I seek you in my dreams

I Seek You in My Dreams is a body of work where the artist explores the circumstances that brought together the peoples that shaped the past, present and future of the artist’s own family and that of the Southern African region at large. Being of Scottish, Zulu, Kilimani, Lozi, Zezuru and Karanga heritage, the tribal cocktail that makes up the artists identity is a microcosm of the complex history of the region, giving clues as to the movement and intermingling of peoples. Contentious land issues, mineral wealth extraction and exploitation as well as the spirituality of the landscape are central points of interest in these works.

The red soil in the background of the images is collected from the area in Zimbabawe where the artist's father is buried, and contains a high percentage of iron, hence it's intense red colour. However, according to folklore, the colour is due to the blood of the people. The portraits of sacred rocks and raw diamonds are crocheted in copper thread.

Sacred Rocks I
Raw Diamonds I
Raw Diamonds II
Raw Diamonds III
Raw Diamonds IV
Full Moon on the Golden City

Black Diamonds

Having returned to the Southern African region to reconnect with and explore the history of her father’s people, the artist encountered the term Black Diamond for the first time. It is a term used in modern day South Africa to describe the new affluent and influential black middle class. But within the true realities of the day-to-day struggles of the average black Southern African - contending with crumbling infrastructure, corrupt and incompetent governance, abject poverty; the concept of the black diamond seems an elusive mirage.


The Cullinan diamond is the largest rough diamond ever found and it was discovered on South African soil in 1905. The Transvaal Colony government gifted the diamond to the then British king, and it was subsequently cut into various stones; the largest of which, The Great Star of Africa, was given a pendeloque or pear-shaped cut and set among the crown jewels of the United Kingdom. This inspired the monoprint Black Diamond I – a reflection on the exploitation of the land and its peoples, the wealth and treasures that were lost and that continue to be plundered to this day without benefiting those who need it most.

Black Diamond I
Black Diamond II

They Came With Knowledge

An exploration of the embedded knowledge contained metals that has been inherited through the generations, (humankind has being using copper for over 10 000 years). This ancient metal has been crafted into a bindle of knowledge using the first textile technique the artist ever learnt as a child - crocheting. Knowledge that was passed on from mother to daughter. The second piece is an embroidered towel of copper thread and aluminium mesh where the stitching creates an imitation of Karelian lace, one of the first weaving techniques taught to the artist years later. Knowledge passed on from teacher to student.

Photographer: Karin Björkquist

They came with knowledge I, detail
They came with knowledge II, detail
They came with knowledge I + II

There is Knowledge in These Stones

An exploration of the embedded knowledge contained metals and stones. A bindle is filled with slag stones, a bi-product of early iron production in Sweden which is weighted against a bindle of iron ore. The extraction of nature's resources, the exploitation of many bodies, the imagination of many minds are all intricately intertwined and ever-present in every aspect of our lives. The bedrock bears witness.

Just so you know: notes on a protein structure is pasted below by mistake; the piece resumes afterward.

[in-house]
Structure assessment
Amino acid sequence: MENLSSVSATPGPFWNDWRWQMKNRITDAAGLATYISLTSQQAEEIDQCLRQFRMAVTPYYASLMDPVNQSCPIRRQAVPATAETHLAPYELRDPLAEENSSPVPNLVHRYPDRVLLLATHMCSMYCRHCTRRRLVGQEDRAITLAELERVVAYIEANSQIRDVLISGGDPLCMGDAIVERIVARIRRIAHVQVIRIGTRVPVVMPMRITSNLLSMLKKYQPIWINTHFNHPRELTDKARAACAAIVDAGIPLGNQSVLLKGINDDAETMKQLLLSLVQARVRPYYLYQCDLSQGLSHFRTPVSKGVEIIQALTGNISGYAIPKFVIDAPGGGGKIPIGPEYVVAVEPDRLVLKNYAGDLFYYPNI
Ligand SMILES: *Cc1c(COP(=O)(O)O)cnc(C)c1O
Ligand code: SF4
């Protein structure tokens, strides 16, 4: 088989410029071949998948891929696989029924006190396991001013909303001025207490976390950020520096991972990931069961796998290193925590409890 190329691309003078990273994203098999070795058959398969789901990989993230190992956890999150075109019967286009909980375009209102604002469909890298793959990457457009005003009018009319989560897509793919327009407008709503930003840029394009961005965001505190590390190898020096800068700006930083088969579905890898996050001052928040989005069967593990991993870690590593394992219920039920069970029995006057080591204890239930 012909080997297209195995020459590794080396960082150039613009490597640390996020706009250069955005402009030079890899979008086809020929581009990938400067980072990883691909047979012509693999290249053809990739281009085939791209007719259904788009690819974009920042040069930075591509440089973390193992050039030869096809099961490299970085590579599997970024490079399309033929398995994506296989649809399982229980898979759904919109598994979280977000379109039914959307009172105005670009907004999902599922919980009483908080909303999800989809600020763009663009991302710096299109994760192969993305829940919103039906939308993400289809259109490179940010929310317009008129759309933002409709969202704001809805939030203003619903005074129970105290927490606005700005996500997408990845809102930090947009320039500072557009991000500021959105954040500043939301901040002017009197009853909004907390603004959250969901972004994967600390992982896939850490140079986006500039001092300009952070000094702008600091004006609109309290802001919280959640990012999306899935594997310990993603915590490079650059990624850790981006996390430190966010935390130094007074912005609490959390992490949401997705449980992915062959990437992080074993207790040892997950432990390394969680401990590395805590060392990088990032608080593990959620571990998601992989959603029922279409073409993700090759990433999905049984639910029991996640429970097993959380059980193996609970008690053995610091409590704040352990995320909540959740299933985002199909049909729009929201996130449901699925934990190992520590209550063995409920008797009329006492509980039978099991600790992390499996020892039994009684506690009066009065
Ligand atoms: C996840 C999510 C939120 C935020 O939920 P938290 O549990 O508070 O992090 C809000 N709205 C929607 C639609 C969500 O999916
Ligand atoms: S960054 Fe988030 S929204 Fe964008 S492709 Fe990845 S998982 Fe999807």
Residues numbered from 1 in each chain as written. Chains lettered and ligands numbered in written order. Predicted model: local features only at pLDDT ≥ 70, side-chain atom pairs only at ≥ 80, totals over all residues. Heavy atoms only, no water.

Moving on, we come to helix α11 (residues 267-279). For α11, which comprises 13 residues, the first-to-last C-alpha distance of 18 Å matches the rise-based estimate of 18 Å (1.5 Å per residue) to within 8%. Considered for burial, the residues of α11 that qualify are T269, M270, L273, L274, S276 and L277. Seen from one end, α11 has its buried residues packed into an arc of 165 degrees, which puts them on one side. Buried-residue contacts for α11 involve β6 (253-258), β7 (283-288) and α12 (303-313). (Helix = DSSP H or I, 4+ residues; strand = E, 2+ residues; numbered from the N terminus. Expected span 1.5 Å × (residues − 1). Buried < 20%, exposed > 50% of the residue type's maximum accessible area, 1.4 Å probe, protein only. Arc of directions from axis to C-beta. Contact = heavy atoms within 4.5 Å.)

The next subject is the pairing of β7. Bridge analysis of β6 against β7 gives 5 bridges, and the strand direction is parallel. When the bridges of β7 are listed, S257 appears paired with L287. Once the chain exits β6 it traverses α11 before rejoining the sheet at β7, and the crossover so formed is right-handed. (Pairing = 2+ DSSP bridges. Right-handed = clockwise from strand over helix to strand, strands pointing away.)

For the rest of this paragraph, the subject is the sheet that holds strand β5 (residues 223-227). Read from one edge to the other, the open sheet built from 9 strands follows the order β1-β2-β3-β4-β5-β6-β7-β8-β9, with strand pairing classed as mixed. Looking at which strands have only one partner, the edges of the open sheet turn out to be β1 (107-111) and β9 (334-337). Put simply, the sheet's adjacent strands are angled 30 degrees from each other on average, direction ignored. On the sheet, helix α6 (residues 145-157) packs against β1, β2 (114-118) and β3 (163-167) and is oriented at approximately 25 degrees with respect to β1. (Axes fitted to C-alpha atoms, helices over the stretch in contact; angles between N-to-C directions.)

Photographer: Karin Björkquist

There is knowledge in these stones, detail
There is knowledge in these stones

Fabric of Society

Woven copper thread, slag stone, iron chain and burnt wood. The extraction of nature's resources, the exploitation of many bodies, the imagination of many minds are all intricately intertwined and ever-present in every aspect of our lives. But how long can it last?

Photographer: Karin Björkquist

Fabric of Society
KB20014_Marcia_stones_ 68

The Reward

Iron ore suspended by crocheted silver thread, weighted by a white quartz rock on a burnt wood base.

Photographer: Karin Björkquist

KB20014_Marcia_ 9
KB20014_Marcia_ 1


Rocks crafted out of aluminium mesh on a stream of flame-treated aluminium mesh on burnt wood base.

Photographer: Karin Björkquist

KB20014_Marcia_stones_ 32

Mountain for the gold

Gold leaf on iron ore rocks. Base of brass sheeting on burnt wood. Sometimes we can't see the mountain for the gold, nor the forest for the trees.

Photographer: Karin Björkquist

Mountain for the Gold


(Charwe's Shroud)

Photographic triptych of handwoven shroud made for the artist's great great grandmother's aunt, Charwe Nyakasikana Nehanda - a Zimbabwean spirit medium and Chimurenga heroine who was hanged and beheaded by the British colonialists in 1898. Her remains are yet to be repatriated from the UK to her country of origin.

Photographer: Ylva Sundgren

Veiled/Unveiled 3
Veiled/Unveiled 2
Veiled/Unveiled 1


Myths & Legends

This project explores the personal histories of the matriarchs in the artist's family, woven together with the mythological narratives of godesses from many different belief systems. The oration covers the epic lifetimes of seven women from six generations, and how their destinies are intertwined.


This project was made possible by a grant from the Swedish Art Grants Committee.

Loom portraits

An interest in the similarities and differences in loom constructions lead to this study of the tools that facilitate in the making of cloth in different parts of the world. Portrayed are a floor standing counterbalance loom and a dragstone loom. 

loom portrait 1
loom portrait 2